I’d like to dedicate this portion of ‘Heck Yeah, Sharks’ to the person who stumbled upon my blog by Googling ‘shark and octopus sex’. Apparently someone else is as inappropriately interested in this as me. Good sir or madam, we live in hope.
12 Days of Terror (2004)
12 Days of Terror is an oddly compelling docudrama that details the real life events that took place in July, 1916 in Central and Southern New Jersey As the title suggests, the film recounts 12 days during which people along the Jersey coast were subject to attacks by a shark (probably not a great white shark as the film depicts, but a ruddy shark nonetheless). Said shark, who may or may not have been a great white, probably wasn’t, killed four people during its reign of terror and badly injured a fifth. Apparently, this odd shark behaviour still keeps scientists occupied searching for answers to this day. Scary stuff.
While 12 Days of Terror may be notable for its not too shabby period detail, some fancy shark action and, sadly, for fundamentally lacking any of the ‘terror’ so blatantly promised, for me, the appearance of SyFy stalwart and budget Brian Blessed, John Rhys-Davies makes it worth the price of admission. Starring as the obligatory salty old sea dog Rhys-Davies provides the kind of colour that keeps this TV movie sharkbuster afloat.
Sharks in Venice (2008)
Err, right, so, Stephen Baldwin’s dad miraculously manages to get himself eaten by a Great White Shark whilst pottering about in a Venetian canal, but no one knows that, everyone thinks he’s just mysteriously disappeared, the eponymous sharks in the eponymous Venice are, I can only imagine, the big surprise revelation later on. Stephen Baldwin, like any good son, sets about investigating the mysterious disappearance and within approximately five seconds spots a massive fin merrily wending its way through the serene waterways of Venice.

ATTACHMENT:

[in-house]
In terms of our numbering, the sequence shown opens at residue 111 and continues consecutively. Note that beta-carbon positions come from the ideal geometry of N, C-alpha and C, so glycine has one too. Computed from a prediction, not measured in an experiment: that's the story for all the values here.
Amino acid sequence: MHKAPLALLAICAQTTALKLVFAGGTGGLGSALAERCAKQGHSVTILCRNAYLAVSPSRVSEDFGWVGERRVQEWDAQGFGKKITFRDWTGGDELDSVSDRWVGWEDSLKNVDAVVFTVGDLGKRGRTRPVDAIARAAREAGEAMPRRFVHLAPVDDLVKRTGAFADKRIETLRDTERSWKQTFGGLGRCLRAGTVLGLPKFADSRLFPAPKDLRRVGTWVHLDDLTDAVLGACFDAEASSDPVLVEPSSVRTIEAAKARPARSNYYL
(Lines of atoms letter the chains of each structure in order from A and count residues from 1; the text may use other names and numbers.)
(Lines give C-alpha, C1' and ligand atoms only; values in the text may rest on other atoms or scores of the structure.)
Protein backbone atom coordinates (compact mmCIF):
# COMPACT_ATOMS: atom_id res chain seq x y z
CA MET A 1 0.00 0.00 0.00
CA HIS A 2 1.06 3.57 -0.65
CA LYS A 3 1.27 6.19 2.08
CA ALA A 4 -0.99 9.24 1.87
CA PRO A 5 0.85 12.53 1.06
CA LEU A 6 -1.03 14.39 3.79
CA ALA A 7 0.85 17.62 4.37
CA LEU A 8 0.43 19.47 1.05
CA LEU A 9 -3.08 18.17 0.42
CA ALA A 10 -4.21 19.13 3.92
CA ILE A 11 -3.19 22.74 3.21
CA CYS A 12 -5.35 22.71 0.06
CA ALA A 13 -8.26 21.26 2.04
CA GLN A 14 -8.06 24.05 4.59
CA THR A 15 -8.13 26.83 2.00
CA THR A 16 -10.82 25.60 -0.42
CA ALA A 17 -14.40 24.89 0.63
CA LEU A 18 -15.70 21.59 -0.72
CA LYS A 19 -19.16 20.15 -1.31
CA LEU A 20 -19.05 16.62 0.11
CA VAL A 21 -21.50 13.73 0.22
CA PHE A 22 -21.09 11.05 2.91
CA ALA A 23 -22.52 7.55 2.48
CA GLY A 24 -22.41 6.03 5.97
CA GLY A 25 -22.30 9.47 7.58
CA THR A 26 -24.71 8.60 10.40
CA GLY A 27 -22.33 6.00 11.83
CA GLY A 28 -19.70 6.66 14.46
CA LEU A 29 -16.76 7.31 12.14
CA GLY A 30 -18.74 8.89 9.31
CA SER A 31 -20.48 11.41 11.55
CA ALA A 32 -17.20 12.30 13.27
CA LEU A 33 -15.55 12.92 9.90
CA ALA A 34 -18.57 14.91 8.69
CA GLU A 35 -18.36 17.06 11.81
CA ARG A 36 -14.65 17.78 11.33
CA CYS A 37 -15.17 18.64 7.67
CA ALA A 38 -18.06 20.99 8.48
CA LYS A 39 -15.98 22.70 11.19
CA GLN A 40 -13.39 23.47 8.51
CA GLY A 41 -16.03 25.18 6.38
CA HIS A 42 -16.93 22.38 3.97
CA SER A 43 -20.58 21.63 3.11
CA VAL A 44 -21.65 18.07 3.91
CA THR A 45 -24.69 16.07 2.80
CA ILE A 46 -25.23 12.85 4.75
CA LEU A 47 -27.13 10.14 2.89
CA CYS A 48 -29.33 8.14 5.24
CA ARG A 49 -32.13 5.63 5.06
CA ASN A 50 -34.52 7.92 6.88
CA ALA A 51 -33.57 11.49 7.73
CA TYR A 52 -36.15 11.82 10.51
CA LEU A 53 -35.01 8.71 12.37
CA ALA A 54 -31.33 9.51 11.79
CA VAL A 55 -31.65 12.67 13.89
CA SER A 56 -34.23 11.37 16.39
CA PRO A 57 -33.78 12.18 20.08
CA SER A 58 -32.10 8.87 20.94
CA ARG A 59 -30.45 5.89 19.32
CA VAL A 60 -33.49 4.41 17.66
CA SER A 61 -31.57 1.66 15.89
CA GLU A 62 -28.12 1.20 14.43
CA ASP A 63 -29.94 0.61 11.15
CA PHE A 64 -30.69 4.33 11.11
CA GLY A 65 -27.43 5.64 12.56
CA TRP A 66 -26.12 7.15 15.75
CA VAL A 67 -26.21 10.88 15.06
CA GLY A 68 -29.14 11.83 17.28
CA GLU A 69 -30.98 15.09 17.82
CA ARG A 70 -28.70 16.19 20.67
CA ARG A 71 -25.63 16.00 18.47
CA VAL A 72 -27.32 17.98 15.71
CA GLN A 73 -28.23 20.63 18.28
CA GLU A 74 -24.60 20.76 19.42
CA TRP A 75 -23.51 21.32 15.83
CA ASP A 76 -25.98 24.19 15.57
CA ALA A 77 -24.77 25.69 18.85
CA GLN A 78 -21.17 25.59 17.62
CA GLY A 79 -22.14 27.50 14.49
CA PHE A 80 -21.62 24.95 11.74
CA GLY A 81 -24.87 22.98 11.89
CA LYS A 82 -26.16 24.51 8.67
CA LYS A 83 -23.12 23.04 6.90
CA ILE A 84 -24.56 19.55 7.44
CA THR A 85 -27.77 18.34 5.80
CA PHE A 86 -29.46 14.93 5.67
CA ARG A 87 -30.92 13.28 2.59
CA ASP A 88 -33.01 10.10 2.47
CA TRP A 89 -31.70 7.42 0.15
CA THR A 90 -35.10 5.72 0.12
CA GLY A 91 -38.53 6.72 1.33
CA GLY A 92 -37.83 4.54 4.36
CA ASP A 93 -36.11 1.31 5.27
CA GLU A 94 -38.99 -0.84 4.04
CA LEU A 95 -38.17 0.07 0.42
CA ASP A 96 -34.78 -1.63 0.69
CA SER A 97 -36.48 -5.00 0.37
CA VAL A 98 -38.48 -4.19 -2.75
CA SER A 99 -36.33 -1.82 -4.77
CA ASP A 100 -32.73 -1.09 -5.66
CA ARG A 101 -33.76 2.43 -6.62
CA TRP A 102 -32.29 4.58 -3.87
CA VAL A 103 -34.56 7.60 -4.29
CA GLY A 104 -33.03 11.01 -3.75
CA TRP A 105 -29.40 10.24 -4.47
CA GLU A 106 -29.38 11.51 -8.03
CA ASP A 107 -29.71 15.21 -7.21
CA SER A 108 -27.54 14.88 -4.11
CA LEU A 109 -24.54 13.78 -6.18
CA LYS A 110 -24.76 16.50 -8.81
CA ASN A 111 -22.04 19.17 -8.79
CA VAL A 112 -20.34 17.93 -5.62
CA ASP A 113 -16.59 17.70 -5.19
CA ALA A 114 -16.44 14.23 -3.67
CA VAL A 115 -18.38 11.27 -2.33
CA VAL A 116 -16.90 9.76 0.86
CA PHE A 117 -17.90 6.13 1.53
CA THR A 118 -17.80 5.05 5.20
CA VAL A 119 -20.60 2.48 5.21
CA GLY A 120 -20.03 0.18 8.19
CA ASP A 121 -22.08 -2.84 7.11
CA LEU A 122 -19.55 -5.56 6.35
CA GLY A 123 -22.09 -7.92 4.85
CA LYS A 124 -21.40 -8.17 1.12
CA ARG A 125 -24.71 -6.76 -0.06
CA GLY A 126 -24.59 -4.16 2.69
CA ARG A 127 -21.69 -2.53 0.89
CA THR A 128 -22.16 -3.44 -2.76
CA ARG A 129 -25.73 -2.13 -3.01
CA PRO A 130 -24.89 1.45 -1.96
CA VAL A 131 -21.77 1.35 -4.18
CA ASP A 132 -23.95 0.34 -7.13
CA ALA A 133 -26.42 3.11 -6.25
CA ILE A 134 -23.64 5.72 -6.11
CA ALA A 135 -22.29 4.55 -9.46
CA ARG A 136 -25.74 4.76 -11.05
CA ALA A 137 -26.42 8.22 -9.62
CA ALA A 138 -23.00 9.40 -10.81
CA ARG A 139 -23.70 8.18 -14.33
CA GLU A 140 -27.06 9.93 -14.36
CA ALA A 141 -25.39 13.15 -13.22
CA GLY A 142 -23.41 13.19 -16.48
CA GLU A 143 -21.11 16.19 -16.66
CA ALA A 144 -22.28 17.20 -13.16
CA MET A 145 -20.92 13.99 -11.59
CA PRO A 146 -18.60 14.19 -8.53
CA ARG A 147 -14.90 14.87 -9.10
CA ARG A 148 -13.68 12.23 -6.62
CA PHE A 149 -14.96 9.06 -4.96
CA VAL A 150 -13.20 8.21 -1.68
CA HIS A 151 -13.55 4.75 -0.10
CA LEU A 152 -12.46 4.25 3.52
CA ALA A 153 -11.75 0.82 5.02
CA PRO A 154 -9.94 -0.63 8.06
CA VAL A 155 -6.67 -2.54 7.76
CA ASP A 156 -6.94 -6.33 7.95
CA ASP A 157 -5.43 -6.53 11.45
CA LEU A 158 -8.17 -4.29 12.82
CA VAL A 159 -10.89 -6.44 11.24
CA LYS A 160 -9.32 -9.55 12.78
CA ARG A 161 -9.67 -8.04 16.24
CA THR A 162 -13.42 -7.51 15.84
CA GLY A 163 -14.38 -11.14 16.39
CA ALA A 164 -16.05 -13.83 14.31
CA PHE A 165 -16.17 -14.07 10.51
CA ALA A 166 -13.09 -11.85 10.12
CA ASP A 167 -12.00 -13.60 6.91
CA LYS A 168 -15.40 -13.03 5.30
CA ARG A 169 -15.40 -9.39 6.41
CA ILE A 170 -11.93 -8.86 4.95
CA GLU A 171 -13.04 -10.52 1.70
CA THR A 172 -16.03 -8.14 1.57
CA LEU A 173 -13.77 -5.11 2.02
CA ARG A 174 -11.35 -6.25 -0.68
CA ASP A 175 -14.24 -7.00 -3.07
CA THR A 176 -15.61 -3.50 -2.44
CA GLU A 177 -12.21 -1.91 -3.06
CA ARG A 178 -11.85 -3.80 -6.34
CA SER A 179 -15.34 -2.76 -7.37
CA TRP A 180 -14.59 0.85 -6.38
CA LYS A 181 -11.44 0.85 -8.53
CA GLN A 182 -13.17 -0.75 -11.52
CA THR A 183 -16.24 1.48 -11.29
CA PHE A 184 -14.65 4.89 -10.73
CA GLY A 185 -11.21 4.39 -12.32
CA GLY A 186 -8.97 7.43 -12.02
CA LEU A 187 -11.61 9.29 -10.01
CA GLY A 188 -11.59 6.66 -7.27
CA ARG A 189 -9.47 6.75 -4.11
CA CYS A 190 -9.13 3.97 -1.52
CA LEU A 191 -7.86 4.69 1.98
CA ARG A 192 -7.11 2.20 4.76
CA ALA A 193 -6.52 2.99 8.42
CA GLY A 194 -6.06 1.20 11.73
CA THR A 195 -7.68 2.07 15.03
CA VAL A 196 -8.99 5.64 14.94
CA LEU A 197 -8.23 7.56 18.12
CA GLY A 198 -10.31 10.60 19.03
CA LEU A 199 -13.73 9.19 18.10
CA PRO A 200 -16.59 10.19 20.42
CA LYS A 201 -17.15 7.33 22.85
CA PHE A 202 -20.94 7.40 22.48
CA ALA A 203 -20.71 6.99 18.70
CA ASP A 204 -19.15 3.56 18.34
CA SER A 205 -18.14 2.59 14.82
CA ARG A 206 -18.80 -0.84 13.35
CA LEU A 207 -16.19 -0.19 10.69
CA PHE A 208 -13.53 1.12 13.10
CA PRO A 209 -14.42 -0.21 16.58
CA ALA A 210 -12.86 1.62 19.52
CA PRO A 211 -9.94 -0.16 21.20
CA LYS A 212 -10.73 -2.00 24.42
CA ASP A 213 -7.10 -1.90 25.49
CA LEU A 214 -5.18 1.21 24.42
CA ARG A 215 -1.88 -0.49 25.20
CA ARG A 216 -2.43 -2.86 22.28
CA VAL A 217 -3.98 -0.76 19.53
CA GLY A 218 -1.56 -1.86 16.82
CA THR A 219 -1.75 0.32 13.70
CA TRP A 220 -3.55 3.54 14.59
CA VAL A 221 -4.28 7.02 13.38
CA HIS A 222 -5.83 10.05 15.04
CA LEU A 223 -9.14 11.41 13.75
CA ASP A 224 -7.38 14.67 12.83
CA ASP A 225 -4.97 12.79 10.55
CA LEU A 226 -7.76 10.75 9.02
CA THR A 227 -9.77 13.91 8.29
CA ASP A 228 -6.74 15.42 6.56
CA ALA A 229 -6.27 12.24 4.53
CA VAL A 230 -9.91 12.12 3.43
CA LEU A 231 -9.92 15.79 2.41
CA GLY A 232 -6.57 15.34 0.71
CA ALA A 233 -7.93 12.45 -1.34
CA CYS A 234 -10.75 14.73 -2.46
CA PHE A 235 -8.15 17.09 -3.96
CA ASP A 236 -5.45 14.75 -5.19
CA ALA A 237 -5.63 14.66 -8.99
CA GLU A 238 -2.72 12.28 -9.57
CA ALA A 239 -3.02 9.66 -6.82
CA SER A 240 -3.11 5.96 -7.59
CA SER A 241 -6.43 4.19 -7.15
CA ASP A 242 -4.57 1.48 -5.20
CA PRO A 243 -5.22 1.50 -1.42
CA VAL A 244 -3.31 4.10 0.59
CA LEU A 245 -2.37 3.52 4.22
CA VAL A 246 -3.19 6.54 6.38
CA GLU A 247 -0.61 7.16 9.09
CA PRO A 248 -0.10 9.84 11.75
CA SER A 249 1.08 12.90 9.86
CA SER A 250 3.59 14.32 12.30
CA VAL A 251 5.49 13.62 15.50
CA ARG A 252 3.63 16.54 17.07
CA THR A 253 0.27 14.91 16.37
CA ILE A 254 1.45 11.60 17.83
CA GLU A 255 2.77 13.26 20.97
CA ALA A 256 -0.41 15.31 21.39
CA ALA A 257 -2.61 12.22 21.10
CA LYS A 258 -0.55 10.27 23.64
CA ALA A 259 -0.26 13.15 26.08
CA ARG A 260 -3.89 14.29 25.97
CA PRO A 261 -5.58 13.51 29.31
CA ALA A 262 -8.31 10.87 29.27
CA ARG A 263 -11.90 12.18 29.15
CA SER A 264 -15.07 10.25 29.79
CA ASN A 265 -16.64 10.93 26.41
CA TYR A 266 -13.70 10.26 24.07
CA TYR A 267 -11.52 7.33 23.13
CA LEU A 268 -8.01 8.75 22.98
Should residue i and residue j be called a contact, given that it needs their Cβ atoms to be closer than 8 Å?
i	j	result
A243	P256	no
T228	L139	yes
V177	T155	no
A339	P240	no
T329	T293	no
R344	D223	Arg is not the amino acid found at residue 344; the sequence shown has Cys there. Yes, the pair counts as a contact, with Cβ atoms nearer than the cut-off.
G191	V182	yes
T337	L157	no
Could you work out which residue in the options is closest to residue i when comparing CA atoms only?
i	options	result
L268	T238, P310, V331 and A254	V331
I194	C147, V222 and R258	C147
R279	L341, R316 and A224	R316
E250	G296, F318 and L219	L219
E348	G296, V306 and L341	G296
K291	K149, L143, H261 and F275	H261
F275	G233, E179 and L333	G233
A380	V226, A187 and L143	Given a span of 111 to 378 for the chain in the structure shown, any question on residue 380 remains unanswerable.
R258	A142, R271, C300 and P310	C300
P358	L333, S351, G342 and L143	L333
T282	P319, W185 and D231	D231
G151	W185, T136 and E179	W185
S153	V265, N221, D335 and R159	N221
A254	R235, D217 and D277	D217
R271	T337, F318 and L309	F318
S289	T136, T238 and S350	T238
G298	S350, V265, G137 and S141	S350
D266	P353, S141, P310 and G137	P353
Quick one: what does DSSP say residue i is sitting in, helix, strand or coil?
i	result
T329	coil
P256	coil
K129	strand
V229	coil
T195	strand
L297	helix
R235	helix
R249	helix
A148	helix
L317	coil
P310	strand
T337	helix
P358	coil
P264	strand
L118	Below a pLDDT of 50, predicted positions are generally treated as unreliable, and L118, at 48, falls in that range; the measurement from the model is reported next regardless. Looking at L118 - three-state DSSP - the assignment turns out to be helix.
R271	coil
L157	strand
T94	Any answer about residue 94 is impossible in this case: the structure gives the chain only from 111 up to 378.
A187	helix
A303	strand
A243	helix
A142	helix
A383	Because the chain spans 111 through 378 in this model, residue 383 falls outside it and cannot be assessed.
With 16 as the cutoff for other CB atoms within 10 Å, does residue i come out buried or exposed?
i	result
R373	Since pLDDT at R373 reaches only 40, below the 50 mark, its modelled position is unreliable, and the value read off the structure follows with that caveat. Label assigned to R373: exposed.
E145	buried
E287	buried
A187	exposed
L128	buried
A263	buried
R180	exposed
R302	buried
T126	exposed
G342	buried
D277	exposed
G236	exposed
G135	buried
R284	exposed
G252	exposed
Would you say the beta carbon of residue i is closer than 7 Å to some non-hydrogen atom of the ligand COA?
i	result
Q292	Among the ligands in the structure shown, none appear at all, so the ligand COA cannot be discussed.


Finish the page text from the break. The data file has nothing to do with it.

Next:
What follows is stupid and ridiculous in a way only Raging Sharks can imagine. In a kind of bizarre, insane, badly crafted amalgamation of Jaws, Indiana Jones, any given Mafia movie and any movie starring Stephen Baldwin, our boy Baldwin soon realises that he’s embroiled in a cryptic race against time to recover the lost fortune of the Medici that is stashed somewhere beneath Venice seemingly guarded by ferocious sharks and to complicate matters more his ruddy girlfriend goes and gets herself abducted by Mafia hoodlums in a dastardly ploy to ensure that the Baldwin will risk everything to secure the loot for their own gangstery ends. So essentially, Stephen Baldwin fights sharks, shoots and gets shot at by Mafiosi types, solves cryptic riddles and hunts for legendary treasure all in one movie. Kind of like The Da Vinci Code raping Jaws while The Godfather watches. God, I hate you, Da Vinci Code.
Sharks in Venice is careering car crash of a film and as no one put any effort whatsoever into making it I don’t see why you should put any effort into watching it. Proving this point at one point during an ‘action’ sequence in the film Stephen Baldwin gets his leg noticeably bitten off by a shark, minutes later he awakes in hospital looking no worse for wear and with a full compliment of limbs. This is actually the best bit of the film.
|Stephen Baldwin Acting. I find this hilarious.|
God, sharks, I bloody love you! Films in which you star rock my world, even the really bad ones and ones starring one of the more rubbish Baldwins.